Letter to the Editor: Does Trump really understand the economy?

To the Editor,

Many voted for President Trump because of his “excellent” background in business. Sure! Reports from Trump’s grade at Wharton School, he was the last in his class. As a businessman, Donald Trump ran casino companies that spiraled into bankruptcy four different times. He persuaded voters in 2016 that he’s a savvy businessman who would run the government with a new kind of efficiency. A report came out, found the GDP is down, new jobs are down, consumer spending is down, and manufacturing production is down and laying off employees.

The New Yorker reported, Based on Internal Revenue Service transcripts of Trump’s tax returns from 1985 to 1994, the Times report said that Trump’s core businesses racked up losses of more than a billion dollars in a ten-year period. During 1990 and 1991, the story said, Trump’s losses were so significant that they “were more than double those of the nearest taxpayers in the I.R.S. information for those years.”

The financial reprieve that Trump’s businesses received turned out to be temporary. In 1991, his Taj Mahal casino, in Atlantic City, filed for bankruptcy protection, and, not very long after, so did his other two casinos—the Trump Plaza and the Trump Castle. In 1992, the Plaza Hotel filed for bankruptcy, and Trump agreed to turn over many of his remaining assets, including Trump Shuttle, to his creditors. With the help of the banks and his father, who repeatedly gave him money, Trump managed to escape the humiliation of personal bankruptcy, but his days as a swashbuckling entrepreneur was done. For a decade, or more, he largely confined himself to licensing deals, entertainment ventures, and minority investments that cashed in on his personal brand, which somehow survived his dramatic fall.

Donald Trump’s golf resorts in Scotland posted millions of dollars in losses, hotel in Panama had rebranded itself, and New York officials announced are looking into how he avoided paying tens of millions in taxes. The Washington Post says private documents it has seen show income to condo-hotel owners at a New York property dropped 14 percent from 2015 to 2017. The newspaper reported a similar drop at a Trump hotel in Chicago. He has no regard for consequences. Trump doesn’t care if 800,000 federal workers are going without a paycheck, and thousands of businesses are losing money because of his shutdown. He tells farmers losing access to foreign markets and manufacturers struggling to pay the higher cost of new tariffs that trade wars are in their interest. Trump has no regard for their growing losses. He dismisses urgent climate warnings published by experts in his administration. And Trump’s tax cuts are pushing the annual deficit to $1 trillion and beyond, further burdening future generations. Sounds exactly like the guy who borrowed recklessly until his casinos couldn’t make the payments, always sacrificing future stability for a splurge today.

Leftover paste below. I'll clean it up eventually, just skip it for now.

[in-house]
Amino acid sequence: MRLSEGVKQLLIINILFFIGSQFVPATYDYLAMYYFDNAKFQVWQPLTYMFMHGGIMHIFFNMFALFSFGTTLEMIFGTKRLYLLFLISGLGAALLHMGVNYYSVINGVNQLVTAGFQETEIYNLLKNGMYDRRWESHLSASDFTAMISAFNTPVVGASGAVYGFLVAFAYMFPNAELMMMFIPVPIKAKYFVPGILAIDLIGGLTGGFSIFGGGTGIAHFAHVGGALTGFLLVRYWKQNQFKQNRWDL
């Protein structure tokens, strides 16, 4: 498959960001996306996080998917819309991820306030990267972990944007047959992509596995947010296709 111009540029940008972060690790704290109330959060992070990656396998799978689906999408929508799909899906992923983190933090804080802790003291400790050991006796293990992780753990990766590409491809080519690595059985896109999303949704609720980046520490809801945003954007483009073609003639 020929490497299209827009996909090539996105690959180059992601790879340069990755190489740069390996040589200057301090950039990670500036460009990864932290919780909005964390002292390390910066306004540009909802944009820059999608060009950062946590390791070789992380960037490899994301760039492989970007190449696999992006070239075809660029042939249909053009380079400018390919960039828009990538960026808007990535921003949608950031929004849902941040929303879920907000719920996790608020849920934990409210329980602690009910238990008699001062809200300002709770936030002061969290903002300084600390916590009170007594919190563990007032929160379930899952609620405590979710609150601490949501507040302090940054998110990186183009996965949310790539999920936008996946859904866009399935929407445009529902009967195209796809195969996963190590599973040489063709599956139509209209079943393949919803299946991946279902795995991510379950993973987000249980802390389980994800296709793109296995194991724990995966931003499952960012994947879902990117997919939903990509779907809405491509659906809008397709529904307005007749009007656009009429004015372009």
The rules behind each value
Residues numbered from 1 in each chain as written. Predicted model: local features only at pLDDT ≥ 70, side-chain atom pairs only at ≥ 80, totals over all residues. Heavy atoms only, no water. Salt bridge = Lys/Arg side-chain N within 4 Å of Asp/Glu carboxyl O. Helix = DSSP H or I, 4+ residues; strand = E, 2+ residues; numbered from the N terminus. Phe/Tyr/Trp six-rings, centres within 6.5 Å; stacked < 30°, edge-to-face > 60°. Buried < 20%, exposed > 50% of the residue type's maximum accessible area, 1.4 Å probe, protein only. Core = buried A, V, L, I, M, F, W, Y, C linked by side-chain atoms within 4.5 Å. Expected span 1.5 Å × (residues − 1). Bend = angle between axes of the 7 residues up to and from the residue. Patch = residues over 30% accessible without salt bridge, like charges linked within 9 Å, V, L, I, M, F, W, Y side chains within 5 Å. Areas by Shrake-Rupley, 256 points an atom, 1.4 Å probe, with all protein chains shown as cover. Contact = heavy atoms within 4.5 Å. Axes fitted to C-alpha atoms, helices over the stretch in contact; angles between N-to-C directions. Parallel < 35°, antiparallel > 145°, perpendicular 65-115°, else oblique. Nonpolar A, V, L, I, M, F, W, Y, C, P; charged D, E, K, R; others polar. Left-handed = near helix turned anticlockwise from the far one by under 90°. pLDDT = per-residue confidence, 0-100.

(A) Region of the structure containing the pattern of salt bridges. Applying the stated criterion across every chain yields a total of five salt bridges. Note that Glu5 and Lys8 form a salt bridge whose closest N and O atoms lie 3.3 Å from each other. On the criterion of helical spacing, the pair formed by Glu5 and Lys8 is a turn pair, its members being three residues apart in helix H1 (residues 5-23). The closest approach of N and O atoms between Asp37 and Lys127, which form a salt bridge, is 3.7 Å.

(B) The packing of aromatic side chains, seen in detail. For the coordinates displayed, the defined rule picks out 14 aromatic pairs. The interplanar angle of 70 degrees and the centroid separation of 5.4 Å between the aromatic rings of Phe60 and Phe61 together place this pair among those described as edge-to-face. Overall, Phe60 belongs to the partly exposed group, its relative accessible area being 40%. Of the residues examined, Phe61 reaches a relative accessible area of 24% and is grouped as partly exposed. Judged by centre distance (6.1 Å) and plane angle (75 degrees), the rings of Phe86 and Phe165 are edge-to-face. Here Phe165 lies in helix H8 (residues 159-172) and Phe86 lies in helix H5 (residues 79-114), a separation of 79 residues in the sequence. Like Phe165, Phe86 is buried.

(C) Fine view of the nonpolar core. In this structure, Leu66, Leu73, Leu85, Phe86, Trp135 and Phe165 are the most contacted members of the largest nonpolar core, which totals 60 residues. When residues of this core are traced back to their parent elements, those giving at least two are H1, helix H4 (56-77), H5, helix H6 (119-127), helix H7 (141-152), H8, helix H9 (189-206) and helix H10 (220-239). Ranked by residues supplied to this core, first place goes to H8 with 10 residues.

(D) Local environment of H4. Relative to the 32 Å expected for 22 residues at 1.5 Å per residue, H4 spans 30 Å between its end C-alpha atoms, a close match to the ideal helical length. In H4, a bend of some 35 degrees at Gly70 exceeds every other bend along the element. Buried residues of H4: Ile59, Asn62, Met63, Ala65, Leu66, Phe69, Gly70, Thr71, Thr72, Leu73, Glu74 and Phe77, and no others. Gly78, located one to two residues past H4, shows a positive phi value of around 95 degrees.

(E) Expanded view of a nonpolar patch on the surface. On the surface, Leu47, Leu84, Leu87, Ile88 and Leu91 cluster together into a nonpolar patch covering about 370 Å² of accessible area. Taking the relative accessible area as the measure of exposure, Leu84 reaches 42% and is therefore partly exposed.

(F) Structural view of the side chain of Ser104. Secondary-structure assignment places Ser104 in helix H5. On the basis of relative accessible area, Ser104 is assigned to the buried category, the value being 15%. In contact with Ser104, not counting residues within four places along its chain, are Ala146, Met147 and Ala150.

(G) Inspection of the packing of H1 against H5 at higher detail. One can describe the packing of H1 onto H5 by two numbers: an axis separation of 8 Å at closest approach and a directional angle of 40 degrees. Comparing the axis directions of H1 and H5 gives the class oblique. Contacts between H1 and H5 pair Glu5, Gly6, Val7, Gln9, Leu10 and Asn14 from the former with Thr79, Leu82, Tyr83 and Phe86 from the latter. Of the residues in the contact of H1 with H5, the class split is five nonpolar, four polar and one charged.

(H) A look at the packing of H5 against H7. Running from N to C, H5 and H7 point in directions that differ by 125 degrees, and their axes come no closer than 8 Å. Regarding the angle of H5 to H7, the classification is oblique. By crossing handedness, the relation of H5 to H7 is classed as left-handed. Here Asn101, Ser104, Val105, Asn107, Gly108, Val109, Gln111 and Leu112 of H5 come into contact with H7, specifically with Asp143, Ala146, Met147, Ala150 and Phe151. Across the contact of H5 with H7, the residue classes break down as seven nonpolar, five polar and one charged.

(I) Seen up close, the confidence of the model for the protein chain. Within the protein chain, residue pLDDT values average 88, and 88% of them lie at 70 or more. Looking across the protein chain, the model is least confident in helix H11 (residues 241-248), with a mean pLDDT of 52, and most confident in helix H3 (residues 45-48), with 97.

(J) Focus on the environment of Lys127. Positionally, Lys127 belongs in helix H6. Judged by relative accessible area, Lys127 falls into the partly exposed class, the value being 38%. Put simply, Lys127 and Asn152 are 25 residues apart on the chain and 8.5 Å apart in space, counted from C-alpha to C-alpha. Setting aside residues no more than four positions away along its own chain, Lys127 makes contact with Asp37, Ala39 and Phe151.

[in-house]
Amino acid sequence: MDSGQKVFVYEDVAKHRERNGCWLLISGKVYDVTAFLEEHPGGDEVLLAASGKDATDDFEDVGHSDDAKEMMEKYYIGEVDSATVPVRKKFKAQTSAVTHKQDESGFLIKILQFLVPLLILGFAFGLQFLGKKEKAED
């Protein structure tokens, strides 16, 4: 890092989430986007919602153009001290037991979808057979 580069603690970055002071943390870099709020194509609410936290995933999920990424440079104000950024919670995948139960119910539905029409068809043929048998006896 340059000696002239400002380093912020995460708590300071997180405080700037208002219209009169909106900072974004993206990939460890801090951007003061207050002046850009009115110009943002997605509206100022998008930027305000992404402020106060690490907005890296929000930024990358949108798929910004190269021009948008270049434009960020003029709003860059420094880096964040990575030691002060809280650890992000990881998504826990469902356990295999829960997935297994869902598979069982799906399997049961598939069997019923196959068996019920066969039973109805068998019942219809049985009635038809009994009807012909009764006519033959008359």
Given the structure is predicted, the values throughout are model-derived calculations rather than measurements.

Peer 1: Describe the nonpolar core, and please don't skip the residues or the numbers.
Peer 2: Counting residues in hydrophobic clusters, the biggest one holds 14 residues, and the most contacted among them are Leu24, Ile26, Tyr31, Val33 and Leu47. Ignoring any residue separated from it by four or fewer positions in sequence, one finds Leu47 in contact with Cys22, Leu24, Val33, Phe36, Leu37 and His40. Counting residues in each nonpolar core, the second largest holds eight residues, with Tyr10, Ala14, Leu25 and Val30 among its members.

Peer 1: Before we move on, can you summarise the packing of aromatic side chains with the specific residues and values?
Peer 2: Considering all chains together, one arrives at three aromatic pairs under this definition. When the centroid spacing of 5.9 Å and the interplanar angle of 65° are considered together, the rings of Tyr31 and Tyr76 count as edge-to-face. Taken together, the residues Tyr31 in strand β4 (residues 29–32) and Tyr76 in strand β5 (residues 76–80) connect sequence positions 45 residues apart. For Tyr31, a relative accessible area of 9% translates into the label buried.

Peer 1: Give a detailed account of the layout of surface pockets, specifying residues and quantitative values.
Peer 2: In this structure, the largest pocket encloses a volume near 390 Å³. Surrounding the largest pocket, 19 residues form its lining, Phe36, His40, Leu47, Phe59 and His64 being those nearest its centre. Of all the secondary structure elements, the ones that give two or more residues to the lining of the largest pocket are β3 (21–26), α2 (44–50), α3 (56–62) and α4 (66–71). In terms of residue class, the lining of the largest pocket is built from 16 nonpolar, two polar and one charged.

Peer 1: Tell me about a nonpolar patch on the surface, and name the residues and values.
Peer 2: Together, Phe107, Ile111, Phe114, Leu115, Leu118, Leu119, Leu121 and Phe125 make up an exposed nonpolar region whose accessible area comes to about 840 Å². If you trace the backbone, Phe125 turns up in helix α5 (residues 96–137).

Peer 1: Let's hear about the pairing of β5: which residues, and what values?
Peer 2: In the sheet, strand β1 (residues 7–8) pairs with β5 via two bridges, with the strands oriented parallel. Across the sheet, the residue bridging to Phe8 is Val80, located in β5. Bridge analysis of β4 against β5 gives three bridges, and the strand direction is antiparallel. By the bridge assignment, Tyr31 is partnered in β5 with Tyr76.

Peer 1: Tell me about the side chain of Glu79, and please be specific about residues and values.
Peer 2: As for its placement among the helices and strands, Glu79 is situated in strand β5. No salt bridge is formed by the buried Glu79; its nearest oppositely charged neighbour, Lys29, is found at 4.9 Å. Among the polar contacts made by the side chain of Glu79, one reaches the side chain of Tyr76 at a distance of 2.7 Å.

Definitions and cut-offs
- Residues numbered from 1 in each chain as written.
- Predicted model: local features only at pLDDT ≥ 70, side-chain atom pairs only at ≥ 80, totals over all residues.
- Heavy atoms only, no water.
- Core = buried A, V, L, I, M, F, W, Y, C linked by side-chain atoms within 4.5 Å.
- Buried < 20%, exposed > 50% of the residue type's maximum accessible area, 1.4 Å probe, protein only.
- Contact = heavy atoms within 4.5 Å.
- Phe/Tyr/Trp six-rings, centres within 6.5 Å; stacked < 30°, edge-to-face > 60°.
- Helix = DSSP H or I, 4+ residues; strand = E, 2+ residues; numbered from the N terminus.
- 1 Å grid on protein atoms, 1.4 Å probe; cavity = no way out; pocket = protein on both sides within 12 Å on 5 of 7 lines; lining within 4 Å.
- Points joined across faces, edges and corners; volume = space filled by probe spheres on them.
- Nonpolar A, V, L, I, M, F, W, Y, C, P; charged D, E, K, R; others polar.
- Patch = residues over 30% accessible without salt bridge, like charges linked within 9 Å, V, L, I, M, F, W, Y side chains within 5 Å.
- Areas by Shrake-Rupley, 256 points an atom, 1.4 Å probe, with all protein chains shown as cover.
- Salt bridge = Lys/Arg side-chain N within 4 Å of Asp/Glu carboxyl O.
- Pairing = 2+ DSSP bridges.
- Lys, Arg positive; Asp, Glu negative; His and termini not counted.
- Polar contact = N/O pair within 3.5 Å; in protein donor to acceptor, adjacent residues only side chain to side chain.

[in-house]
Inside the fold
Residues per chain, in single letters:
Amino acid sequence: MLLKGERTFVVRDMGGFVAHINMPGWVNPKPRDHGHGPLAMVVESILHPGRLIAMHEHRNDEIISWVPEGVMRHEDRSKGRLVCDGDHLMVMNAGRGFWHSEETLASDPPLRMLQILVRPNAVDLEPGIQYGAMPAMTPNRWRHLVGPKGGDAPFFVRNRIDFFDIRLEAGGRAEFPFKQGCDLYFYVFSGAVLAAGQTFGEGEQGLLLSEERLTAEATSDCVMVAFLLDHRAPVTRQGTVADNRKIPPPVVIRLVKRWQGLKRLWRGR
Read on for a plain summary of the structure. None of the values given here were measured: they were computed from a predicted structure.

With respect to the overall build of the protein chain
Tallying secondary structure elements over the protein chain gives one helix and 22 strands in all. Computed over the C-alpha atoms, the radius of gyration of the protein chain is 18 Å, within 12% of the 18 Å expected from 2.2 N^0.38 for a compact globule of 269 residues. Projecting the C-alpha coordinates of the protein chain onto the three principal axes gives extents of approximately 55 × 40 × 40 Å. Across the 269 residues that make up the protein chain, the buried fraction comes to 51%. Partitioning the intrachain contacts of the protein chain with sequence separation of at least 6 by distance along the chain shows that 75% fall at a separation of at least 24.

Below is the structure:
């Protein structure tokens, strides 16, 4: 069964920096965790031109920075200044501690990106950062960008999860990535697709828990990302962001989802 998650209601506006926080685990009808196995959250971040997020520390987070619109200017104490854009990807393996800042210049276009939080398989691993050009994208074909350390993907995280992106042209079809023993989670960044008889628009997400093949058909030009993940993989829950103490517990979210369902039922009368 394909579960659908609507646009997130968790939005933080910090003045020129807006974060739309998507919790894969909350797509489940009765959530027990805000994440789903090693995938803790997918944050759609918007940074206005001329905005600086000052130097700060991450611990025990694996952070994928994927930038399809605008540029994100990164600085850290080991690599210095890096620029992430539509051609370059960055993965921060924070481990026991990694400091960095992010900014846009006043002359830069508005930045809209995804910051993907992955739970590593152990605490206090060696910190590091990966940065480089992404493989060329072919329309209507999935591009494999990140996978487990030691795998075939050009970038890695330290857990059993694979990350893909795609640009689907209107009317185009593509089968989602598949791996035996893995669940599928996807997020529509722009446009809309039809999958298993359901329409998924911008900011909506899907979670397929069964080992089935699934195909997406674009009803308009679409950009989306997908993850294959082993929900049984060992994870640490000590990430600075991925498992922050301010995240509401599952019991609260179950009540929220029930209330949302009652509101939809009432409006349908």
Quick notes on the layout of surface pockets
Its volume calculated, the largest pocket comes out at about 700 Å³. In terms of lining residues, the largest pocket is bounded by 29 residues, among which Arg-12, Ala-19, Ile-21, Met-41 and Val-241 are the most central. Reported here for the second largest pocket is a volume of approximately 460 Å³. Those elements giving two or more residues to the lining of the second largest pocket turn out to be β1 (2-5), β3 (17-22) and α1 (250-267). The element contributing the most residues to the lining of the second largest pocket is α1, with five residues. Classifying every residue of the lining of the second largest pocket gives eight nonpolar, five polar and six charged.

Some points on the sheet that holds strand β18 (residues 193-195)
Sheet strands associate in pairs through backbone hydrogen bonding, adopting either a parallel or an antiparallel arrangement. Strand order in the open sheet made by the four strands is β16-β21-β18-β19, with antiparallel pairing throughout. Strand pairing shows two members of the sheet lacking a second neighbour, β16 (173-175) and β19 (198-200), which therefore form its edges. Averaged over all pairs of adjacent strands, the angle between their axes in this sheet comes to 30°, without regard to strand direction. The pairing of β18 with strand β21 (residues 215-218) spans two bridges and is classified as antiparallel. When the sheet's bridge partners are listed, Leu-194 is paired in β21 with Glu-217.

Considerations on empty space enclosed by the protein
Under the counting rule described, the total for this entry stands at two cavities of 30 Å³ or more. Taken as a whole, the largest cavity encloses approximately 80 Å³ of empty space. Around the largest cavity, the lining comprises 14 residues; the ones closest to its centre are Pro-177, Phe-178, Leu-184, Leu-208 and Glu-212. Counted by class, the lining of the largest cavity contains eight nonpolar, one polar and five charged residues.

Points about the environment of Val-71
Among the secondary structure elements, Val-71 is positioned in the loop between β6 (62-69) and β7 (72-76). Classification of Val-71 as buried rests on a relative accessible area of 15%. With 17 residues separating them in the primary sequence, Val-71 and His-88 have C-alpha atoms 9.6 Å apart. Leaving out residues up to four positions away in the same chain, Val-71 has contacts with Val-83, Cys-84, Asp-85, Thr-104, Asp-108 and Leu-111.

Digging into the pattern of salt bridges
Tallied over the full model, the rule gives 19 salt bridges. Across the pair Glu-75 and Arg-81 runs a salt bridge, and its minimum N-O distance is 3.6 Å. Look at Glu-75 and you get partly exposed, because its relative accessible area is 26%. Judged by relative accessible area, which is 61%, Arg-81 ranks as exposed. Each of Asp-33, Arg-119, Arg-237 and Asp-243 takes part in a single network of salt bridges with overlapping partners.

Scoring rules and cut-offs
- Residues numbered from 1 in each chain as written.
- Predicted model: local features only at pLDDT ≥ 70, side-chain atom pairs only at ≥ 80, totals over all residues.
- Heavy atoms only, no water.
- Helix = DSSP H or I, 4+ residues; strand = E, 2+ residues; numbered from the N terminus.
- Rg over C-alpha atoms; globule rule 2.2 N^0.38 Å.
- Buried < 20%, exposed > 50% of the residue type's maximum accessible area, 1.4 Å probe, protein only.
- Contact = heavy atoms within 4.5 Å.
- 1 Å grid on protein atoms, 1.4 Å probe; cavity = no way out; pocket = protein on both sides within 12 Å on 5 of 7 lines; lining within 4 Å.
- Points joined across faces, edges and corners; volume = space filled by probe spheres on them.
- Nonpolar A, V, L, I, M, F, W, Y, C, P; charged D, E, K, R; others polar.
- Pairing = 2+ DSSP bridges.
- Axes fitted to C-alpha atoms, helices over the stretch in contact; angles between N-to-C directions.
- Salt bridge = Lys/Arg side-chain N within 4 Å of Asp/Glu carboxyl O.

Congressman Seth Moulton, MA, said it best: “Donald Trump obviously does not understand basic economics and how tariffs work because he’s carried on this trade war that’s accomplished nothing with China, but it’s hurt our farmers, our Fishman, and our American families.” Trump’s definition of economics is: bad mouth and bully adversary.

China knows precisely what it is undertaking. Tariffs are one of the oldest trade policy instruments, with their use dating back to at least the 18th century. Historically, the main objective of a tariff was to raise revenue. In fact, before ratifying the 16th Amendment in 1913 and formally creating the income tax, the U.S. government raised most of its revenue from tariffs. Even so, the primary purpose of a tariff these days tends to be about protecting particular domestic industries from foreign competition, alongside raising revenue. The impact of a tariff depends on whether the levying country is large or small – not in terms of size but the potency of its trade and ability to influence world prices.

Let’s get something straight: importers pay tariffs, NOT exporters. Walmart pays, and then you do. Trump still doesn’t know this after two-and-a-half years in office. He thinks the Chinese are paying the 25% tariffs. None of it comes from China. It all comes from American businesses that import Chinese goods

The bottom line is that Trump’s trade war has affected our economy. The uncertainty would cost into the company’s bottom line and our pocket book.


Norman Halls

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